Master of Orion III Review

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Publisher: Infogrames
Developer: Quicksilver


Platform: PC
Reviewed on PC

Windows System Requirements: Pentium II 300 MHz, 128 MB RAM, 8x CD-ROM, 800 MB HD space

"Twenty thousand Galactic Cycles have passed since a supernova annihilated the diverse, multi-species culture of Center One. Over a hundred million sentient beings are believed to have left Center One before its destruction, whether willingly or unwillingly. These exiles and travelers spread out across their arm of the galaxy, and planted the seeds from which many powerful spacefaring civilizations evolved." – Master of Orion III manual

Now, you can lead your species out of the dark ages of forced colonization into domination of the galaxy.

Rating:
Kyle Ackerman


The Master of Orion series is a seminal set of games that helped to establish the 4X genre. The four "X"s, (Explore, Expand, Exploit and Exterminate) are the basic elements of many turn-based strategy games, including the Civilization titles. Master of Orion III (MOO3) claims to add a fifth "X" – Experience. That experience is really an invitation to examine what makes 4X games entertaining. Part of the experience is participating in an epic saga, bringing a space faring culture up from the surface of its homeworld to galactic dominance. Mostly, however, what makes the 4X games entertaining is the sense of control.

Why Do You Want to Rule the Universe?


In his talk at the 2002 D.I.C.E summit, Sid Meier noted that whenever a player succeeds, a good game should make that person feel it was entirely due to their skill. Whenever the player fails, it should seem the result of extreme misfortune. If the gamer truly did something wrong, have the game show the player how to improve. MOO3 entirely lacks that feedback.

To my mind, a 4X player should be able to exert control over anything and everything, i.e., if the player can see it, the player should be able to control it. If the player can't interact with something, there's little reason to provide much information on it. A well-made game will also allow the player to delegate responsibilities to the computer, so that you can choose your desired level of micromanagement. MOO3's greatest failing is that the game often feels entirely beyond your control, and it submerges you in a morass of extraneous data.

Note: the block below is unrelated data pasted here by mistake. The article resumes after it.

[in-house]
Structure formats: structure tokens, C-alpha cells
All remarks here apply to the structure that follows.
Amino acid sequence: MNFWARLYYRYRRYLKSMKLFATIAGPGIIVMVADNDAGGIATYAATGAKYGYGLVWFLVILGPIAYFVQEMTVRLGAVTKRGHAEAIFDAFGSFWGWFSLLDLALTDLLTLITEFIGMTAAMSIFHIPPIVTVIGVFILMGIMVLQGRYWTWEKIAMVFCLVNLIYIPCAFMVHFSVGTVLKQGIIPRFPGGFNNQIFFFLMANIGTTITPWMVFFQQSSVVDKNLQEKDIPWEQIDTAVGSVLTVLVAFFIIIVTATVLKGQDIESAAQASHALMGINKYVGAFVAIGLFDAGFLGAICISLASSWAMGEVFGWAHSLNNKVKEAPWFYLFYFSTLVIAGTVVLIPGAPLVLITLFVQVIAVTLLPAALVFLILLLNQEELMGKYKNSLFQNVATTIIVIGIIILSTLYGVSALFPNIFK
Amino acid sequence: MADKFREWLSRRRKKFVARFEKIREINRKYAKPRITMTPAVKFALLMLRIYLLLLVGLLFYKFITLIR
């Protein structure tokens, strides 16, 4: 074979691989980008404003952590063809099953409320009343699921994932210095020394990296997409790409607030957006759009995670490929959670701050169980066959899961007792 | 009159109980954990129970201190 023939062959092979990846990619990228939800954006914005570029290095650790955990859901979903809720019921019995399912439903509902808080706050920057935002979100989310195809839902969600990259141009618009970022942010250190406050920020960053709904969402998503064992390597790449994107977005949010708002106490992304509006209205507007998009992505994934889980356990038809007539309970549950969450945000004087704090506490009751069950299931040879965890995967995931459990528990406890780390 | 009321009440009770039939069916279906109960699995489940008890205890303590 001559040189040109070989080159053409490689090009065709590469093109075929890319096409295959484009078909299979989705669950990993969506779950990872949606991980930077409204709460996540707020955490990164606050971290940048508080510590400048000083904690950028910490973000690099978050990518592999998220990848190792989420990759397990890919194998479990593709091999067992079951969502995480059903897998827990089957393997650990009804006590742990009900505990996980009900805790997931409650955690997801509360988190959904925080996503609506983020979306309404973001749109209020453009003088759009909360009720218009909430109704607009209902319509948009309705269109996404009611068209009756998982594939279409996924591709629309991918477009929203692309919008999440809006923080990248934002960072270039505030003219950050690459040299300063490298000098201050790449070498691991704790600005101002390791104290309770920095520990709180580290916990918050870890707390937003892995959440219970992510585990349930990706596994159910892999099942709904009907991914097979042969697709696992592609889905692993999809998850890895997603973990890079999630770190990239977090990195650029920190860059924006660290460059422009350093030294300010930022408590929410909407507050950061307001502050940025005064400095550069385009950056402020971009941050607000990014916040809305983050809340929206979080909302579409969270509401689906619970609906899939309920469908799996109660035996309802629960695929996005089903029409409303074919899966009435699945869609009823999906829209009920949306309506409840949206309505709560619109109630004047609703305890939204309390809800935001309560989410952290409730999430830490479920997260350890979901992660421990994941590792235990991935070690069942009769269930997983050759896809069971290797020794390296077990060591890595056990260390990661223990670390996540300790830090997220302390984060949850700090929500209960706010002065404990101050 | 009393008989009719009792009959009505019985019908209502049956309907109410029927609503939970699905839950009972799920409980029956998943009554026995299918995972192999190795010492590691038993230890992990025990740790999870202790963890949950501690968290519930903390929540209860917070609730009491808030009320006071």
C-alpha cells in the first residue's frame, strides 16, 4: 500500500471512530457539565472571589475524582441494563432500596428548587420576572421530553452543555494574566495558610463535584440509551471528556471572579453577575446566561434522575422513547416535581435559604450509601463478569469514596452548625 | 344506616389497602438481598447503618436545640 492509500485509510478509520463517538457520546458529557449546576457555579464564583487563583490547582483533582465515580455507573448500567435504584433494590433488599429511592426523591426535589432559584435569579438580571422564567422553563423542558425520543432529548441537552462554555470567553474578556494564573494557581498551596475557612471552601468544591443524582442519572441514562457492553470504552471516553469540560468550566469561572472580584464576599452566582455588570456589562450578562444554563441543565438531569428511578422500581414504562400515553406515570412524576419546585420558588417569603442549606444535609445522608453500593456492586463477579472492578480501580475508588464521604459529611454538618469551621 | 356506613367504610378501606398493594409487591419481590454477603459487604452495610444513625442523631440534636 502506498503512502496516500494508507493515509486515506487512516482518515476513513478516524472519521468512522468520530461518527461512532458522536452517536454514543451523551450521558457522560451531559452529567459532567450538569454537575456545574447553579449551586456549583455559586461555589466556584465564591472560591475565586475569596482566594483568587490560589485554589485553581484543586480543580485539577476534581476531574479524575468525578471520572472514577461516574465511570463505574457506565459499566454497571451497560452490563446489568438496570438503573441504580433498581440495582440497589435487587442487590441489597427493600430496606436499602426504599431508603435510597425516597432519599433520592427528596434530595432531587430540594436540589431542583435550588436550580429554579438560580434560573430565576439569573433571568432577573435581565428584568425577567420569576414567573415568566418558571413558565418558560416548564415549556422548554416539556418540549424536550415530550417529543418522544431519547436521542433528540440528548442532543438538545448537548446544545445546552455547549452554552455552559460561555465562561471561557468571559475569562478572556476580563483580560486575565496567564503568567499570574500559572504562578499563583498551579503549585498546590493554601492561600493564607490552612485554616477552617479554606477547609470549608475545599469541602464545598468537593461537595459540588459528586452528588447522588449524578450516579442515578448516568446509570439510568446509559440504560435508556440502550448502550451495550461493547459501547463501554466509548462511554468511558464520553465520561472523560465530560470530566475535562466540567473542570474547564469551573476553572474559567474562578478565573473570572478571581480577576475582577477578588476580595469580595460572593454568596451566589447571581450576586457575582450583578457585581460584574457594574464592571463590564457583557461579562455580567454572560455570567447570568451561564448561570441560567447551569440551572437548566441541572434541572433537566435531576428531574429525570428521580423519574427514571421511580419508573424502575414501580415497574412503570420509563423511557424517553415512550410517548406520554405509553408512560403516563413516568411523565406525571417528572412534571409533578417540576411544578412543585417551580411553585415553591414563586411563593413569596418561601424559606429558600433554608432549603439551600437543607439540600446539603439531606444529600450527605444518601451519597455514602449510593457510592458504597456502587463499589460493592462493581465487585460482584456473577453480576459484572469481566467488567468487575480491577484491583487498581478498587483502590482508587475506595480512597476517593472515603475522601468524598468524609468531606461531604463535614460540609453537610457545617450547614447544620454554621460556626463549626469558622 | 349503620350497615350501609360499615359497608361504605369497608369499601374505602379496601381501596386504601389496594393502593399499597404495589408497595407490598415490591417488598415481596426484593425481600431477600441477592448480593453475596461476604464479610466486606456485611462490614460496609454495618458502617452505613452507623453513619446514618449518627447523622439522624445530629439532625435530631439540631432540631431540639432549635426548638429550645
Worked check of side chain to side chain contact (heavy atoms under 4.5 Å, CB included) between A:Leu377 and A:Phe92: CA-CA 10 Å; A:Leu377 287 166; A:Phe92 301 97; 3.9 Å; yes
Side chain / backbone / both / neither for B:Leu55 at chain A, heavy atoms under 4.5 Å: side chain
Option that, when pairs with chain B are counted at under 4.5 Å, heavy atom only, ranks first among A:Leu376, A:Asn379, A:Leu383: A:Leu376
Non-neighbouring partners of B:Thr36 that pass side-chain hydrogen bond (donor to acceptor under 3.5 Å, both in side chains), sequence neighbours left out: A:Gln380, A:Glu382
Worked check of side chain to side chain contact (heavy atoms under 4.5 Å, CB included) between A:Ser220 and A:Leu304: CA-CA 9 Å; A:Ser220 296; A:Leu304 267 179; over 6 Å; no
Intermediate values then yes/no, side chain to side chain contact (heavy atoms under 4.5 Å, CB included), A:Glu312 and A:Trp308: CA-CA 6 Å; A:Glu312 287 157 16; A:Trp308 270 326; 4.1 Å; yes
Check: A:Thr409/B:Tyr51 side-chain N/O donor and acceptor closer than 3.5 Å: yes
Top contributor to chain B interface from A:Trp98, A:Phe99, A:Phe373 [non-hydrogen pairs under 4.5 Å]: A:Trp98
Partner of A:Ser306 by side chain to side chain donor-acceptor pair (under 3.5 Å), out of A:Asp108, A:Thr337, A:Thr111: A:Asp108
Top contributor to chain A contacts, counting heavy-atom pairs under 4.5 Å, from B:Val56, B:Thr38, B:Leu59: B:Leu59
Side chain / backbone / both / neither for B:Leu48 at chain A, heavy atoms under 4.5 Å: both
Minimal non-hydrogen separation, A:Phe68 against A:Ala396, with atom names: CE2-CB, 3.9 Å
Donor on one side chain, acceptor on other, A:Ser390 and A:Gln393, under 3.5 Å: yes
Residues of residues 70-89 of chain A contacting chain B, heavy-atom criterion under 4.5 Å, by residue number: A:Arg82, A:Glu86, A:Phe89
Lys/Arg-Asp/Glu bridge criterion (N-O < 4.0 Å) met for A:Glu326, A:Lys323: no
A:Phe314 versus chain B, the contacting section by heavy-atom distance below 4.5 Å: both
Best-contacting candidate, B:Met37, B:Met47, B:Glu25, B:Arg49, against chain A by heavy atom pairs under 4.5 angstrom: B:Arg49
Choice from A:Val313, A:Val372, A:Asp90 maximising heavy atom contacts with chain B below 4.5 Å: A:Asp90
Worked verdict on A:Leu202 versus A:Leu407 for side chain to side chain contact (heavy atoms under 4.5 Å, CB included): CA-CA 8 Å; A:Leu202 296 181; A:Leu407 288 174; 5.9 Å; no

While MOO3 has plenty of compelling backstory, graphics and detail, its shortcomings are particularly poignant, because 4X fans would have been tremendously pleased with a simple update of the nearly-seven-year-old Master of Orion II. New graphics and a working multiplayer function probably would have been enough to secure MOO3 a dedicated and substantial following. Instead, the game ventured forth into new territory, attempting to become a more complete simulation of galactic empire building. In doing so, the player becomes less able to exert direct and complete control over every aspect of an alien culture. We all understand that, in reality, Gandhi couldn't oversee Indian culture from the Neolithic era to his culture's ultimate colonization of Alpha Centauri. We also understand that a Klackon queen wouldn't personally supervise every planetary production queue. This, however, is a game. As a player, I want the choice of personally allocating the production of every planet or delegating that decision making to my computer-generated aids. That's quite a demand, but that's also what makes a good 4X game.

MOO3 blends startling complexity and mediocre documentation with a form of indirect control that somehow isolates the player from running an empire. In fact, when you start your first game, it can give you the disjointed sensation of an insane monarch, whose advisers feel the need to simultaneously protect him from a needlessly complex universe while sparing the people from the weight of his capricious hand. After muddling through myriad screens (and the associated tutorial messages), the player is confronted with a dizzying array of options. In truth, almost everything is taken care of for you, thanks to automated processes. You can actually get by with doing little other than managing major diplomatic decisions and directing your interstellar fleets. That would be a good thing, except that exerting more control is a difficult and sometimes hopeless struggle.

The Power Behind the Throne


It will take considerable time just to understand what you can and can't do in MOO3. Only by the end of a second 10+ hour game did I feel I was controlling as much of my empire as my advisors would allow. Admittedly, much of that early play was searching through the interface screens, convinced that I should be doing something, when all I really needed to do was advance to the next turn. After that (admittedly steep and long) learning curve, there is a game to be enjoyed.